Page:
Nicola Miller: Big Mac to go? It’s Pokemon Go…
Recently, this paper printed a story about McDonalds applying to build a drive-thru close to Moreton Hall, a rather cynical move on part of the company considering that this estate is home to many children and their parents.
This comes at a time when obesity rates are skyrocketing, we are becoming ever more sedentary and overly reliant on our cars. And people mostly know that a fast food drive-thru is bad for us. A lot of the comments underneath the piece showed dissonance along the lines of ‘I know it’s bad for me but ah, what can you do, gotta love a Big Mac’. Read more…Published Mon 22nd Aug 2016
Nicola Miller: Speak out against these acts of hatred…
I really didn’t want to write about the referendum in this column especially after reading humblebrag tweets from political journalists about their lack of sleep and disappearing fingerprints, worn away by typing endless copy.
We know they’re secretly exhilarated by it all because chaos sells. And I wasn’t sure I had anything new to add anyway.
But I have to speak out about the rise in racist abuse. Every time Daesh attack and kill, we hear calls for ‘decent’ Muslims everywhere to condemn such crimes against humanity; to floridly demonstrate that not all Muslims support Islamic terrorists. Yet when it comes to the 57% rise in the incidence of reported hate crimes in Suffolk and other parts of the British Isles, I haven’t seen similar calls for every ‘decent’ Brexit supporter to vigorously denounce these new incidents of racial hatred as ‘not in my name’…read more. Published Saturday 11th July 2016
Nicola Miller: Allotments are part of our fabric…
According to the National Society of Allotment Holders, people want to reconnect with the land when hardship hits and the demand for allotments was at its highest during the Dig For Victory campaign and in the recession-hit seventies where Tom and Barbara dug up their garden and aimed for self-sufficiency.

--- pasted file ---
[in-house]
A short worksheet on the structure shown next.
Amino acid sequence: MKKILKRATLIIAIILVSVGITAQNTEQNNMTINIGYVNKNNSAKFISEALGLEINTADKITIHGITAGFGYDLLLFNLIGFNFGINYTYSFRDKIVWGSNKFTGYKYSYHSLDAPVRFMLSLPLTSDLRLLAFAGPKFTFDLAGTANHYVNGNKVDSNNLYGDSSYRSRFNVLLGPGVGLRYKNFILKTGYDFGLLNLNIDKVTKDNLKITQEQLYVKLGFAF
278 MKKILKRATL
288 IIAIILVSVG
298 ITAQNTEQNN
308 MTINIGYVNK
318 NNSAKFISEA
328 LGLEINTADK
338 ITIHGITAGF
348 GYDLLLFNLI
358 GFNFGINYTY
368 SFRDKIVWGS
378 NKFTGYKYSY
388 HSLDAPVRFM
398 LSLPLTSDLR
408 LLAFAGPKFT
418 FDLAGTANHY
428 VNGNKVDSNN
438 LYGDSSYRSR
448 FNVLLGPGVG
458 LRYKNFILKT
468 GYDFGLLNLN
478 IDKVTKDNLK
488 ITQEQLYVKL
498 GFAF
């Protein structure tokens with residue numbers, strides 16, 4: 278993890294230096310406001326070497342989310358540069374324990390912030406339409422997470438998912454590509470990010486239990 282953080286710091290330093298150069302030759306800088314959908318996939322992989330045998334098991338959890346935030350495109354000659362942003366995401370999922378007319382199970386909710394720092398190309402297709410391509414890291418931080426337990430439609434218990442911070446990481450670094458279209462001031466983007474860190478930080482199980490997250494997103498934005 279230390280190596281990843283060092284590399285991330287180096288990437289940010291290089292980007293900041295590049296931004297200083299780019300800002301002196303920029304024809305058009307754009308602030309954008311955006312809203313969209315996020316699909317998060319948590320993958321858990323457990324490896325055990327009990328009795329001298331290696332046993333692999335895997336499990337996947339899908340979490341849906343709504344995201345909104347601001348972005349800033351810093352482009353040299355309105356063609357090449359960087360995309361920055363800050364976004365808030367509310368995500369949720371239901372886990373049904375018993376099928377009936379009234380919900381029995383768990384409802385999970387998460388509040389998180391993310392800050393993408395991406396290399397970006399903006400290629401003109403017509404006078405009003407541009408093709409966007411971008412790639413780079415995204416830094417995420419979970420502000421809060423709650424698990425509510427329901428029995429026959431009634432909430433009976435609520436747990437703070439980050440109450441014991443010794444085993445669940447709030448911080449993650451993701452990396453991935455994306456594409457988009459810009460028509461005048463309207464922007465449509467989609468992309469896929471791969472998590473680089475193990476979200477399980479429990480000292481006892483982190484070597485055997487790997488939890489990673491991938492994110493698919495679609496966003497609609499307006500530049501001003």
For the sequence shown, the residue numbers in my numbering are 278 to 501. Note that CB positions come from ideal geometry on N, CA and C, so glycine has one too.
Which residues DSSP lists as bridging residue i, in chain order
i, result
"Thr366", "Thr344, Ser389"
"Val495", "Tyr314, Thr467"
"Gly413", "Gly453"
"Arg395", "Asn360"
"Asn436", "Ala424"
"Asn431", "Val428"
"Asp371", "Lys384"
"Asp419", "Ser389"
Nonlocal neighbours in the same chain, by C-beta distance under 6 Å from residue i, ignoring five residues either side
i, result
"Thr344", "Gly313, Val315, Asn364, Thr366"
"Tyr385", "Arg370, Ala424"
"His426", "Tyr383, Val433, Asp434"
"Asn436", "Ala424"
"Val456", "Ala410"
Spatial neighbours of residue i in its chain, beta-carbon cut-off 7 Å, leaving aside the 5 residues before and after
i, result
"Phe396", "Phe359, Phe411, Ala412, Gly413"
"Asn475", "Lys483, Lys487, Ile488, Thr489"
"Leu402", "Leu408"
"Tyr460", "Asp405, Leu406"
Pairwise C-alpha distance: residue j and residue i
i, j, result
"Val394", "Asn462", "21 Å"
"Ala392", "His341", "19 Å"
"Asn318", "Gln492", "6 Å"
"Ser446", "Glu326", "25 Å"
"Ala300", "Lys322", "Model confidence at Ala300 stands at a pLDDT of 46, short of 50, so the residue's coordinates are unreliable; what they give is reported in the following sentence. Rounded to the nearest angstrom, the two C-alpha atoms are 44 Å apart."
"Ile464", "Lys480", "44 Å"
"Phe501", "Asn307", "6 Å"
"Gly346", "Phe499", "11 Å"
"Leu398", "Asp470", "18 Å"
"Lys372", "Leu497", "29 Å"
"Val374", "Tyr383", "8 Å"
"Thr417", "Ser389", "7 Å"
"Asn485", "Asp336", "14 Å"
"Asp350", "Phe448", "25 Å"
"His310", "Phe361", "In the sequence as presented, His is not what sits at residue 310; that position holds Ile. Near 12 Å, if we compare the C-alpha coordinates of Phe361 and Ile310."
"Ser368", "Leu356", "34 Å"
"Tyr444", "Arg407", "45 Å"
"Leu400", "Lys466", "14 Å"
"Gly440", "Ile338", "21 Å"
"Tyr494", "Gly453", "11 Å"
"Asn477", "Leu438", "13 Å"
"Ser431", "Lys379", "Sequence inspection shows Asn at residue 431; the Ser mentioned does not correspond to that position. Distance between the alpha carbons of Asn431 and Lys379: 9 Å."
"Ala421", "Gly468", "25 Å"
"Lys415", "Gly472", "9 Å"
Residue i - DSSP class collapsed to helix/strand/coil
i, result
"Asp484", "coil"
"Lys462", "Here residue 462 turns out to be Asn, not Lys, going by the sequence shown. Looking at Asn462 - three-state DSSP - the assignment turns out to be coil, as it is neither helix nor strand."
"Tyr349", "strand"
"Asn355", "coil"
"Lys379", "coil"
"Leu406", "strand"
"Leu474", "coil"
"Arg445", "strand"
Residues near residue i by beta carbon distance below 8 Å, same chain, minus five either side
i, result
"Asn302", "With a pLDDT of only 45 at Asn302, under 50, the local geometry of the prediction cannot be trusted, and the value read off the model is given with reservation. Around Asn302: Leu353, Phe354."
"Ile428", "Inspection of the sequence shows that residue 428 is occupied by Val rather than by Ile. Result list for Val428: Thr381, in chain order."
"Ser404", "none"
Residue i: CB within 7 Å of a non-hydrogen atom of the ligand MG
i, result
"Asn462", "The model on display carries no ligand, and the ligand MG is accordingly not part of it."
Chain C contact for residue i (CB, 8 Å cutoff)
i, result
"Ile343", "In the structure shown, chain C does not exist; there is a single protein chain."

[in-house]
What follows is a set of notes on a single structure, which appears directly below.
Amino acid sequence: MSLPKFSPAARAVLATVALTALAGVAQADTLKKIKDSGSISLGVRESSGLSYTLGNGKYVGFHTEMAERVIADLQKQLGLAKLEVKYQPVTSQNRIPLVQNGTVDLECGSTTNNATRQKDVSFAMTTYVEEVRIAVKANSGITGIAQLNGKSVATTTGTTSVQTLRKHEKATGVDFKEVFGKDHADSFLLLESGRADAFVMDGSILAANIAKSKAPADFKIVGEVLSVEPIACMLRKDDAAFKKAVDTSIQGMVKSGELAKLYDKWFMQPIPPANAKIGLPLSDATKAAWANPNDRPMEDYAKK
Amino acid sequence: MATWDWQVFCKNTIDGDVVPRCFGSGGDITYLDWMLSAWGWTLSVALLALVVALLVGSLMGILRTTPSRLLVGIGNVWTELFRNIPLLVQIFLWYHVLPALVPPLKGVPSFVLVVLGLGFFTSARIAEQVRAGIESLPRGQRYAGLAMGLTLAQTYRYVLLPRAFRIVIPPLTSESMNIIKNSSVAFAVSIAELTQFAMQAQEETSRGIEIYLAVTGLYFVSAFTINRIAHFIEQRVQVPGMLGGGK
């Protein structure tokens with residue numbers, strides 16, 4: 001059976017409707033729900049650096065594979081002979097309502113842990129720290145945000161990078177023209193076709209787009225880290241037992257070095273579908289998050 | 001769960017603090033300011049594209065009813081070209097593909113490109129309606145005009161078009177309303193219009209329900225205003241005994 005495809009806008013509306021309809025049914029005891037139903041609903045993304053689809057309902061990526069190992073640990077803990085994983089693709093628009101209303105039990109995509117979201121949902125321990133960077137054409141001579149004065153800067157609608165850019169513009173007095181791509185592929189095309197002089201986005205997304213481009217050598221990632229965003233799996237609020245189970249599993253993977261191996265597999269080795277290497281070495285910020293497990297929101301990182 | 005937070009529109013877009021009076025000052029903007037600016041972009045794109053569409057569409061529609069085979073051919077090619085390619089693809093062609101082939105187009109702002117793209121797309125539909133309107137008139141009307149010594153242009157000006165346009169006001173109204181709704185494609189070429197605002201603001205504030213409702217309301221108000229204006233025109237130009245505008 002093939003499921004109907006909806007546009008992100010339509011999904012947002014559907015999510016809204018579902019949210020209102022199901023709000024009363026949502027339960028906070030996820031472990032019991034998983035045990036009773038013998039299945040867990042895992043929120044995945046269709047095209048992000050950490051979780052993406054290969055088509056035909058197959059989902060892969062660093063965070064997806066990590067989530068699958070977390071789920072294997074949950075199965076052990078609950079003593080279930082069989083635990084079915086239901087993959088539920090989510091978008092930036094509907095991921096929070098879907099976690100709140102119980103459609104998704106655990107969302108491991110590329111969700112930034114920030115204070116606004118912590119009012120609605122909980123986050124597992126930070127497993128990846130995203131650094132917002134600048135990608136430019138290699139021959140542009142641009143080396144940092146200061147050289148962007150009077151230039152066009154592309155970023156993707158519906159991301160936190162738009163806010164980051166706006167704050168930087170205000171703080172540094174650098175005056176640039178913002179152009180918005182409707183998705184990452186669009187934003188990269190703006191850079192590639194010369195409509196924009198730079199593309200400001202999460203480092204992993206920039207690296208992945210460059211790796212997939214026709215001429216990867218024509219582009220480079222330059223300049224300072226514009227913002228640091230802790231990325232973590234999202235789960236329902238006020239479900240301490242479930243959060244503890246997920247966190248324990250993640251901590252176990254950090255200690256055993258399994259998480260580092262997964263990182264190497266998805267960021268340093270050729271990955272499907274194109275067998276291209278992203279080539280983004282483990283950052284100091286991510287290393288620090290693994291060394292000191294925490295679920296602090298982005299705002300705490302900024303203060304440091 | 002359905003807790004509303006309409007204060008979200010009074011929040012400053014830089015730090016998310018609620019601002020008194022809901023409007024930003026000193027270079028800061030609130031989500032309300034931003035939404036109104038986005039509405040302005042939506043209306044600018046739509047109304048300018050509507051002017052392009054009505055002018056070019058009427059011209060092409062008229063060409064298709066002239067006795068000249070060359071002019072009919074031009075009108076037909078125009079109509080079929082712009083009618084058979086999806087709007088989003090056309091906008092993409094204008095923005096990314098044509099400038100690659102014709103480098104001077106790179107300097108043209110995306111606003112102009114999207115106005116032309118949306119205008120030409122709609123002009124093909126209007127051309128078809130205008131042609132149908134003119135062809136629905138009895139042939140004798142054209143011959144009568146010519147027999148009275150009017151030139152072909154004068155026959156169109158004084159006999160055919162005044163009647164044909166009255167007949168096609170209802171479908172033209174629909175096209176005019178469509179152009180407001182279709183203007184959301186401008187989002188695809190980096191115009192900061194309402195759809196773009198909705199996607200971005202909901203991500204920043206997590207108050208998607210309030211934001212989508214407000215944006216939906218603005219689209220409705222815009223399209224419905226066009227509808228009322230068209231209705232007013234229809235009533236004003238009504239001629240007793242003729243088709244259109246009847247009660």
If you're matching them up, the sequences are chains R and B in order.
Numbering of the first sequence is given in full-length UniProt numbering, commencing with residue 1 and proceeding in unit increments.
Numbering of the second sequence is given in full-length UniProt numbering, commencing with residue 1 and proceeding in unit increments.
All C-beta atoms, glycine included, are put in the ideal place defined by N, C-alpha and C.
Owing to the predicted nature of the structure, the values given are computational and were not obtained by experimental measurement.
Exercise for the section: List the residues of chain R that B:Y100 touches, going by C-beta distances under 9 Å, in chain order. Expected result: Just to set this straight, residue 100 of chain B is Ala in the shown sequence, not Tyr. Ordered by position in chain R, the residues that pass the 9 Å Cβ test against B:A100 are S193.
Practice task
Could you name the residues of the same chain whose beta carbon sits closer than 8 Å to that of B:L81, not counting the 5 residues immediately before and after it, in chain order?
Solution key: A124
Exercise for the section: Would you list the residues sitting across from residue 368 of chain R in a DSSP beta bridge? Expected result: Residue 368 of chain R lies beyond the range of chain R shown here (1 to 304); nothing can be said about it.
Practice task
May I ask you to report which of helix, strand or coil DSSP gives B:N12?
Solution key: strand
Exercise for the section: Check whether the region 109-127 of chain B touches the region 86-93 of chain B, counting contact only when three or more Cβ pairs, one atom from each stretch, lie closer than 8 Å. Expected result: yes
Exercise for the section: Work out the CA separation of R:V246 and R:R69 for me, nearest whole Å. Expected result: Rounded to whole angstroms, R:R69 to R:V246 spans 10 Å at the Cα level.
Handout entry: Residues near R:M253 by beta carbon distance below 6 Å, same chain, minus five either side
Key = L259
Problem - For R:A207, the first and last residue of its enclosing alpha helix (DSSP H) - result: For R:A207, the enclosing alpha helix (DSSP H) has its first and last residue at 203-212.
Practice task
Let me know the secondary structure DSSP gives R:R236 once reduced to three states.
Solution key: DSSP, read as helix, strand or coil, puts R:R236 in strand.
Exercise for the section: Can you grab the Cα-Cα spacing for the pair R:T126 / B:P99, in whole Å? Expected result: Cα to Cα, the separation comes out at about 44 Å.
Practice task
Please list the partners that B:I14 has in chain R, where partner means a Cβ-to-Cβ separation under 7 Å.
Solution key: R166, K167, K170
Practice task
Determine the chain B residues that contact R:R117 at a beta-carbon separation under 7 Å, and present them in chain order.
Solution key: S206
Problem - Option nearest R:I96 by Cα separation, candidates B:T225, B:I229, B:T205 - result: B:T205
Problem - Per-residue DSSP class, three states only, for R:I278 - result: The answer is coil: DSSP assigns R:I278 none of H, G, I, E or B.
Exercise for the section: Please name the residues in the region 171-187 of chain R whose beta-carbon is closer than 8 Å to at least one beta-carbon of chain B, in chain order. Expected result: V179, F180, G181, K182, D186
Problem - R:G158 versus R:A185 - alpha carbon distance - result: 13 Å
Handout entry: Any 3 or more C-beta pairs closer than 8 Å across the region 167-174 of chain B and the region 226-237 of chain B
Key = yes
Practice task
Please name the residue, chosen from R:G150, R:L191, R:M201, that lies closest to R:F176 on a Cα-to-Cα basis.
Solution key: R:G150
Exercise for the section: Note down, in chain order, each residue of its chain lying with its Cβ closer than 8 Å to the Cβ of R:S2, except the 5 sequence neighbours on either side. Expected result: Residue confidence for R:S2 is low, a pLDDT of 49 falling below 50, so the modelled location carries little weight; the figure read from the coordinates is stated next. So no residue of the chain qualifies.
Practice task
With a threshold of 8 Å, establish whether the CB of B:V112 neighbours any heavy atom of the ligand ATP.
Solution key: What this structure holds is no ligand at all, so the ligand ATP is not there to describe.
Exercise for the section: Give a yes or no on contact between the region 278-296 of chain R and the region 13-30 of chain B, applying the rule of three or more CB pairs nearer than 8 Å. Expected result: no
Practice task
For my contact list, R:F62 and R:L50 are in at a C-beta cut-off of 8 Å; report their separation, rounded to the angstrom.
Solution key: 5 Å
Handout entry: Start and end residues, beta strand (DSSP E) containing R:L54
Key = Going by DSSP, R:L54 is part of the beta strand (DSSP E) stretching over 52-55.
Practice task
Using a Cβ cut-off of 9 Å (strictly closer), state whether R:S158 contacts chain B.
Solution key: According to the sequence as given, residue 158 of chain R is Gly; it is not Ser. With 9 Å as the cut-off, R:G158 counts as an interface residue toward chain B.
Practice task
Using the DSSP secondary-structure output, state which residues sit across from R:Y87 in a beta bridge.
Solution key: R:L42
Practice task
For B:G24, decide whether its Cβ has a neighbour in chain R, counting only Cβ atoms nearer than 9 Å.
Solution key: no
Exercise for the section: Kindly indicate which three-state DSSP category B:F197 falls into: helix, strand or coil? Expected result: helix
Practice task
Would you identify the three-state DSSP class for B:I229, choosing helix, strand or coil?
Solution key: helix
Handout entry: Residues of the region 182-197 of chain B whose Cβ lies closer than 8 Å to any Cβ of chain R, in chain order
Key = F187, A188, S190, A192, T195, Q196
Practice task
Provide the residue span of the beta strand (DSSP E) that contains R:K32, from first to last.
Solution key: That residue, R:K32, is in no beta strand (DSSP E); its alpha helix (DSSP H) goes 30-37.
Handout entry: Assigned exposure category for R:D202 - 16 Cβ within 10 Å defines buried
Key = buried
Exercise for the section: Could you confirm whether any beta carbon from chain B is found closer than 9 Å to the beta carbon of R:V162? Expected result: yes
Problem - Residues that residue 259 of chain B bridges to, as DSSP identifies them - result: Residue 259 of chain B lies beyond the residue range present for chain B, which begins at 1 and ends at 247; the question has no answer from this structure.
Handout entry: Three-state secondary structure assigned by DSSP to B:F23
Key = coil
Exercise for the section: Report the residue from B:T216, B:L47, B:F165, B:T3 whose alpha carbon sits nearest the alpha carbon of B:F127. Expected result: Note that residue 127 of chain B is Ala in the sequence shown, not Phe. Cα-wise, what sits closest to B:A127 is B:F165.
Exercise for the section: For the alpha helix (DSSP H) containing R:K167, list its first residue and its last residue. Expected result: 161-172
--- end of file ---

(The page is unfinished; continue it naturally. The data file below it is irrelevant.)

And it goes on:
That war-time high of over 1,300,000 allotments has sadly dwindled to around 250,000 as councils sold off their land, leaving a waiting list of 100,000 people which rose as the middle classes discovered the joys of allotment gardening too. Council-held plots remain under threat from development in some regions and their continued existence must never be taken for granted…read more
Published Saturday 12th June 2016
Nicola Miller: I hope that’s the last of the Suffolk scufflies…
April has been an interesting old month, weather-wise hasn’t it? In search of some perspective on the rather *ahem* short-tempered weather we’ve been enjoying, I’ve been reading Landmarks, where Robert MacFarlane collates and explains the many words we have for it, and Charlie Haylock’s book, ‘Sloightly On The Huh’ which shows how especially great Suffolk people are when it comes to describing it. In short: we have a lot of weather. I can see how useful it is to distinguish between ‘weather’ and ‘climate’ although I am not going to go into the debate about climate-change here because, um, it’s happening y’all and it’ll still be here even if you deny it, just like taxes, ringworm and Katie Hopkins….read more